#6 honestly? headshot them? shoot out the tires? contrary to common lore, police don't want to kill people if they don't have to. shooting out the tires would work great in slow, controlled circumstances. sadly, these circumstances never exist in a persuit making tires not only difficult to shoot, but highly, highly dangerous to all nearby when it would take place. cars don't offer a steady base to shoot from, so pistols out the window wouldn't work. long distance shots are hard enough to pull off, let alone on high speed targets surrounded by friendlies and by-standers, so rifles are out. shotguns would be the most likely choice, but buckshot bounces off of pavement, making it incredibly unpredictable. forget the fact that blowing out one tire at high speed can make a car lose control and possibly flip, injuring or killing anyone too close including possible hostages.

    #7 come on, you don't think certain cops might become dirty oor backhanded do you?

  • Titan332

    Titan332

    #11865913 - 10 years ago

    In reply to John117_MC, #7:

    Ah yes that is a very good point. Maybe...I dont know. I dont have anything to beat your arguement with.

    In reply to DrunkenToast, #8:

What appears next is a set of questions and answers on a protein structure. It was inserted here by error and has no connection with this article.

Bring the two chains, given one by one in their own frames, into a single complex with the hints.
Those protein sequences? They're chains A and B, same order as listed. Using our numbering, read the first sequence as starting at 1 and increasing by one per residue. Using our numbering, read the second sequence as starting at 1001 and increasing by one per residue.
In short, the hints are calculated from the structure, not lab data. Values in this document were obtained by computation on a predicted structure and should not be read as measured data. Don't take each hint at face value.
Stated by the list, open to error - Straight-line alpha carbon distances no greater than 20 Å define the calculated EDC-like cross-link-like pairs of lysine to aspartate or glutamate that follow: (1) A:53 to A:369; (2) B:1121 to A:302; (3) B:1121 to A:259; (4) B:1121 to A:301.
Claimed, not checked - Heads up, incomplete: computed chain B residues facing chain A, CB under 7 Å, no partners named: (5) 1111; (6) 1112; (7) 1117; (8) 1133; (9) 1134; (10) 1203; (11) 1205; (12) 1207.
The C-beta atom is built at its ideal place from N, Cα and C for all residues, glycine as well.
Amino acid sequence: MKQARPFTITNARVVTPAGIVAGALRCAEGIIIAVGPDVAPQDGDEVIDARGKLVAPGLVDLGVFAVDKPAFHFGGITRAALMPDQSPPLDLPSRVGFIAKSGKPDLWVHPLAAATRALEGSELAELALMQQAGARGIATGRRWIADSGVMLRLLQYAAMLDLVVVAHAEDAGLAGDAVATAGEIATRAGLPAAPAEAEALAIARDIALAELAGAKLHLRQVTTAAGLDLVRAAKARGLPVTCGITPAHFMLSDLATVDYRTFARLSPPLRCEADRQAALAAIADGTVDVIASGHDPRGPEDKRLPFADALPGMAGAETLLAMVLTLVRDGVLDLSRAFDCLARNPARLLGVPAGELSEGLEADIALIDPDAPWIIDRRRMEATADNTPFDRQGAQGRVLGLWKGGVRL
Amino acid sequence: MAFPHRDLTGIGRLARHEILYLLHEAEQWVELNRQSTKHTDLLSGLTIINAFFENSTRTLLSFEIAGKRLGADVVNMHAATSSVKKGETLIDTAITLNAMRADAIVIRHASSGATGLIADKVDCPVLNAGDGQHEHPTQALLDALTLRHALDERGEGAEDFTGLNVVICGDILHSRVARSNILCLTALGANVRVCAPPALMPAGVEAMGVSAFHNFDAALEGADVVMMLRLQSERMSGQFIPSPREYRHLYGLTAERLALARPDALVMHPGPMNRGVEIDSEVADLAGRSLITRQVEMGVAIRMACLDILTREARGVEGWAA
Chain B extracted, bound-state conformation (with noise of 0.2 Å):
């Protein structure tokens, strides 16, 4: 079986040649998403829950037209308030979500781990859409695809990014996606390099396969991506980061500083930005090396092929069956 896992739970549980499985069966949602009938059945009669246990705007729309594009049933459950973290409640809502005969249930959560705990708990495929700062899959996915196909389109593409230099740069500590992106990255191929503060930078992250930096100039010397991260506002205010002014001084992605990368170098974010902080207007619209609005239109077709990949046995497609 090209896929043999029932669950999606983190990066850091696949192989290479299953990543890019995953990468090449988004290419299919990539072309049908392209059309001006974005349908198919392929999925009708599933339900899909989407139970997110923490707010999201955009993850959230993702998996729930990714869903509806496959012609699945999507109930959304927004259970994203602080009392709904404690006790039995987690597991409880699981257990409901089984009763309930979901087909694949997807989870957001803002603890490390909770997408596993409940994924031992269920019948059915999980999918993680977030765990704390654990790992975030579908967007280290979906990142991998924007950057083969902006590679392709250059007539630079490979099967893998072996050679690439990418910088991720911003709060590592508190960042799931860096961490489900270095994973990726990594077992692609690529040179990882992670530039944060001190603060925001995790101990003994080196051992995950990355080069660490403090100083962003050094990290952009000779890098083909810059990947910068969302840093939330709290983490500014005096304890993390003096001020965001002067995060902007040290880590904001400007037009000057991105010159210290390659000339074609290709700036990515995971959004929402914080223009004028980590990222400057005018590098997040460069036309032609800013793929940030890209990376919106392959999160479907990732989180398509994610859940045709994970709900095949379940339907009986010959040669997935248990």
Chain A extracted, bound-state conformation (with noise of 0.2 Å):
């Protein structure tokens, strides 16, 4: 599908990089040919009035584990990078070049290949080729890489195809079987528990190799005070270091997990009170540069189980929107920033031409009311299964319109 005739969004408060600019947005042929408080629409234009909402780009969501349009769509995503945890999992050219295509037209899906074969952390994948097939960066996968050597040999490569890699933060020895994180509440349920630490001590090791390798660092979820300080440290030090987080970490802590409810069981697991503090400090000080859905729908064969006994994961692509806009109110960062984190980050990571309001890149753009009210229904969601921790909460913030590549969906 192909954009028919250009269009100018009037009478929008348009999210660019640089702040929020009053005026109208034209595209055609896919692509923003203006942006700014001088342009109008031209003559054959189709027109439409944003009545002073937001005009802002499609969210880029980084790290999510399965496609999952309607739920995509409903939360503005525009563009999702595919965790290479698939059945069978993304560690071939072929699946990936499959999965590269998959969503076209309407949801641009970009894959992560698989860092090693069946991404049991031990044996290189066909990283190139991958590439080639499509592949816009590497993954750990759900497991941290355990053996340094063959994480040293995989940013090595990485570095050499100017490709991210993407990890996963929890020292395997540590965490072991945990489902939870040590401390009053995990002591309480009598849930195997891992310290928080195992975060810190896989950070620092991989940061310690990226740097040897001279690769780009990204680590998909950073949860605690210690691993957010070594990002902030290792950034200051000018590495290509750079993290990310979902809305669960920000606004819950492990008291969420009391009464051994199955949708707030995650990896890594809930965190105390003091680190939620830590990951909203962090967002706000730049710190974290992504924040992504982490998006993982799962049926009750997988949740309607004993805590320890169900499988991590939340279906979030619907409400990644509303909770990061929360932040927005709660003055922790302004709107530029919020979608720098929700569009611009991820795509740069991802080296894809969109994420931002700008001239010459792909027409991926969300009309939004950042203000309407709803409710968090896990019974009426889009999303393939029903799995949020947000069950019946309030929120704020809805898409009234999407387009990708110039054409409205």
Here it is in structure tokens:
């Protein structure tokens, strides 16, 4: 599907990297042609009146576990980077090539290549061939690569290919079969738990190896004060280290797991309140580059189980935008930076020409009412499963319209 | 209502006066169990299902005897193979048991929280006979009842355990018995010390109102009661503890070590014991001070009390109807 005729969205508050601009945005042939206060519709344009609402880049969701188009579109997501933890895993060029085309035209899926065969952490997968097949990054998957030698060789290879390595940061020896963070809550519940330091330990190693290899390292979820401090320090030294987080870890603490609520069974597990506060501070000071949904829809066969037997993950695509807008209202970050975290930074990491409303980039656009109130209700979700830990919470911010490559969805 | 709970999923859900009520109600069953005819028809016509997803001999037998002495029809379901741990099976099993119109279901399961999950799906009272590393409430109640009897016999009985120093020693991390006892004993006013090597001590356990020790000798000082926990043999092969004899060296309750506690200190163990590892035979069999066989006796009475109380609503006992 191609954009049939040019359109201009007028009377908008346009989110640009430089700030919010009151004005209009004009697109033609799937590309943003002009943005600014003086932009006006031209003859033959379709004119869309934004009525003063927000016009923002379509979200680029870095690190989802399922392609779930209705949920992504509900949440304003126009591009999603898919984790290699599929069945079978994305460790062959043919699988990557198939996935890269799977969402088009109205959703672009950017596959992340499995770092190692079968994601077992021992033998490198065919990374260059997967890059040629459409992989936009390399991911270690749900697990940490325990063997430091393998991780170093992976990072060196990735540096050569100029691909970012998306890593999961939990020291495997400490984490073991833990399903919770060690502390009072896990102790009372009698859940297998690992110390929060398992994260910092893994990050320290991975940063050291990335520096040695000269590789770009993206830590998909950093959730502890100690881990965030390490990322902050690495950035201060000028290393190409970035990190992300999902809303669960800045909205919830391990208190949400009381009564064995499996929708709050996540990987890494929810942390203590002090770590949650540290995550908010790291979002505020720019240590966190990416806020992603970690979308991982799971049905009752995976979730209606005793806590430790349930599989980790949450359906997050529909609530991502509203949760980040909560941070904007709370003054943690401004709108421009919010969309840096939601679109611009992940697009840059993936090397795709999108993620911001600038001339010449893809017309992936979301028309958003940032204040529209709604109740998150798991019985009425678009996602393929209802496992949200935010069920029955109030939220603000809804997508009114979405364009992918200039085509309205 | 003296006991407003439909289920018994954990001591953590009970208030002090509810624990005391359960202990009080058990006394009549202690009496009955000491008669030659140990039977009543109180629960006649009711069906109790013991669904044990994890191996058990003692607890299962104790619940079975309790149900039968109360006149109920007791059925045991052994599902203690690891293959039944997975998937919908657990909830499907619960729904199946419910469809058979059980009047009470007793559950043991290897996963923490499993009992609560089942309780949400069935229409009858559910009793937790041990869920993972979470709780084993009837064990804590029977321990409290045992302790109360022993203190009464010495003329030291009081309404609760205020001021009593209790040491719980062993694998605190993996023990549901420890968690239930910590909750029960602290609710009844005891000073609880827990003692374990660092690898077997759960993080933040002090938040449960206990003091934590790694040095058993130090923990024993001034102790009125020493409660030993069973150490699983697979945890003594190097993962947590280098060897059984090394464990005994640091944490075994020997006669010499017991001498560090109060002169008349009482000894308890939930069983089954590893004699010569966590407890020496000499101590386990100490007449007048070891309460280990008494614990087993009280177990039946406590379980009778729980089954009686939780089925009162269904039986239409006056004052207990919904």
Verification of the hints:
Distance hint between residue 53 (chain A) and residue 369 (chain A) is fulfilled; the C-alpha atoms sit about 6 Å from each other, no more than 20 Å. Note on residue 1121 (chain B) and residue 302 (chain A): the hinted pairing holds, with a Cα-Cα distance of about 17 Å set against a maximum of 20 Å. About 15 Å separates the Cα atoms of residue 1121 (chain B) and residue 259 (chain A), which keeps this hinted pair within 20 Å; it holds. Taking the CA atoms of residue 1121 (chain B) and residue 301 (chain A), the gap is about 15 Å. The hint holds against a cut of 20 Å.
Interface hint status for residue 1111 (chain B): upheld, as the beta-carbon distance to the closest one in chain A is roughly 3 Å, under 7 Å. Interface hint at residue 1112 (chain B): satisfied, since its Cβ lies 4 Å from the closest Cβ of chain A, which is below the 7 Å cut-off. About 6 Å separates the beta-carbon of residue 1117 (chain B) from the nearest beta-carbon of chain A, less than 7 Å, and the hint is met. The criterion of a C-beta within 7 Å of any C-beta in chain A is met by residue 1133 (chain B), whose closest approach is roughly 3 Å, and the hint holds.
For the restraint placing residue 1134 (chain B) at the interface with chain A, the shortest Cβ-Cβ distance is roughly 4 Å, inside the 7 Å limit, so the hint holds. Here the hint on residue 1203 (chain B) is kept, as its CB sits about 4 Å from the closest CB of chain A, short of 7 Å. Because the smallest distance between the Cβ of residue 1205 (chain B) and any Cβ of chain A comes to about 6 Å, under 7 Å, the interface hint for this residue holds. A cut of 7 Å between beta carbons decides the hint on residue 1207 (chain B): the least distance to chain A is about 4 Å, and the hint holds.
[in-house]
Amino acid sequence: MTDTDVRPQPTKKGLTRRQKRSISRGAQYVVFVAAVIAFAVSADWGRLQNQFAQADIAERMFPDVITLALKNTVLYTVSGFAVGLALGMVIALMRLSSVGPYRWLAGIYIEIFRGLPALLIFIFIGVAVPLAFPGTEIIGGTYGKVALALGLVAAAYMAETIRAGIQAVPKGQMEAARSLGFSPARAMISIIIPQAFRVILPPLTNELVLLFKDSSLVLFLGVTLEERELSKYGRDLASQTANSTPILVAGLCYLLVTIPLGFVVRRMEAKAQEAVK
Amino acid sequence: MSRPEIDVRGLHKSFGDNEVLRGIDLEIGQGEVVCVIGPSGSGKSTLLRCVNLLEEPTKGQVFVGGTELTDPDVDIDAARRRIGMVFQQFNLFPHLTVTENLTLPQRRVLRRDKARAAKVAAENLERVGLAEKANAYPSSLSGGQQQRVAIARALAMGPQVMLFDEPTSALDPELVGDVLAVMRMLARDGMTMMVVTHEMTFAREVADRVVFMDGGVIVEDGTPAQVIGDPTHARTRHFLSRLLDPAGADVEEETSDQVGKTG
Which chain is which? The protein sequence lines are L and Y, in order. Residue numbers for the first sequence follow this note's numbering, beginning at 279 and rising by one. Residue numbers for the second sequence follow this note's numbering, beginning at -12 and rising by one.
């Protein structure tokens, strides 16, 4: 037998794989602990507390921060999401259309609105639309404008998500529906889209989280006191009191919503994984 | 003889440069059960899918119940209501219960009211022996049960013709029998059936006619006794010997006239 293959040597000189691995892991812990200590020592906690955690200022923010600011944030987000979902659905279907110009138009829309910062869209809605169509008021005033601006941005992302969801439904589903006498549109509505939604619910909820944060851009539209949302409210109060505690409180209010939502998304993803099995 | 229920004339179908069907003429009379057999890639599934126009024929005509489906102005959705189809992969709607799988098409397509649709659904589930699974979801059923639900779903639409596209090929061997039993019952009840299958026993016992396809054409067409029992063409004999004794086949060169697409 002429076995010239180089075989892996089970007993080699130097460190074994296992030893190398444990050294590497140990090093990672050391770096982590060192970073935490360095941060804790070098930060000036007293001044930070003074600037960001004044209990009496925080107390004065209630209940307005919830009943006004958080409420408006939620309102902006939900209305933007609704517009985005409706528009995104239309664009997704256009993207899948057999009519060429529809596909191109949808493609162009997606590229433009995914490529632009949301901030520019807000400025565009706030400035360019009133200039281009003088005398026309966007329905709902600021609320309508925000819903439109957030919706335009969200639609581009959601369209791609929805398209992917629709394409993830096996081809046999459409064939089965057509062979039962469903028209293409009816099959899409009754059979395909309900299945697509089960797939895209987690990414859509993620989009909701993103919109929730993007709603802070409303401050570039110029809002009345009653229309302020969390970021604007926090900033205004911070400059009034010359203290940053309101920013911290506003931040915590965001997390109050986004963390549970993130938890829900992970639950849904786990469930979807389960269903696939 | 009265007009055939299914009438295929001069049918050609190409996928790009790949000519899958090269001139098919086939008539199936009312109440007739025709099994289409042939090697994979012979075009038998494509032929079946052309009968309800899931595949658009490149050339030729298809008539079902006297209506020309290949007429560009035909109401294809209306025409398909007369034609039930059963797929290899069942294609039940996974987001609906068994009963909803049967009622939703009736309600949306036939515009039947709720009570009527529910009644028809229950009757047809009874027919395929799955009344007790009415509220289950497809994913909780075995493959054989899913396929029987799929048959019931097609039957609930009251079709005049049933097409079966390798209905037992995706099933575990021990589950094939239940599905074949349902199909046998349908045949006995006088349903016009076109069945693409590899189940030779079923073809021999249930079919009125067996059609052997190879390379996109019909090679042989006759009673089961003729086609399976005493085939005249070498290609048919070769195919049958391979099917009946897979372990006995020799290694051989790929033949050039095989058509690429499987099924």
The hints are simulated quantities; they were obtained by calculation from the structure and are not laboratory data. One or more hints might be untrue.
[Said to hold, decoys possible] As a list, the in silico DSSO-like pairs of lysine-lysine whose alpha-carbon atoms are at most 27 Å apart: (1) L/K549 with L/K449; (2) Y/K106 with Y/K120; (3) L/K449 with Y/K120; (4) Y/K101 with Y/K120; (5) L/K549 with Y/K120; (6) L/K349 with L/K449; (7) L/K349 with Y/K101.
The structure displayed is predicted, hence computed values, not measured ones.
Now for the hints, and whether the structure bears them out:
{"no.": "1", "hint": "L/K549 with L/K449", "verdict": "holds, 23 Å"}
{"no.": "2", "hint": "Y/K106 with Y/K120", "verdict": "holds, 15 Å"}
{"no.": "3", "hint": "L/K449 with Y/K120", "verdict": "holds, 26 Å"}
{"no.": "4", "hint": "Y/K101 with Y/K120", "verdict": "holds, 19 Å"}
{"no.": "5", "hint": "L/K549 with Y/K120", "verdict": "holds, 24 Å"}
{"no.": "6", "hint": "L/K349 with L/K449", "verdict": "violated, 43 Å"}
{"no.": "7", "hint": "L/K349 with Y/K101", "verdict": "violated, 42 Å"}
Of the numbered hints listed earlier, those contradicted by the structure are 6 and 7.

I think maybe he was being sarcastic...

  • osiris32

    osiris32

    #11866256 - 10 years ago

    Stopping a car chase is basically saying, "Hey, you broke the law. No biggie, we'll let you go." Legally, in my mind, the chase would not have occure but for the actions of the suspect. Therefore, he is liable criminally AND civily for anything that happens in said chase.

    Having a degree in Criminal Jusitce makes you see things in a different light. And no, you CAN'T shoot out the tires or go for a headshot while traveling at speed. Movies are not a basis for reality.

  • hkieme

    hkieme

    #11884854 - 10 years ago

    #9
    maybe that cop was pissed off and decided to take it ot on the civilians by locking everyone in there car and stopping the engines

  • UltimateZ

    UltimateZ

    #11888650 - 10 years ago

    In reply to osiris32, #10:

    I completely agree. Letting criminals go gives incentive for the criminal to get cocky and attempt the same crime again, except next time he'll be more reckless and confident, and most likely will end up with some innocents being injured.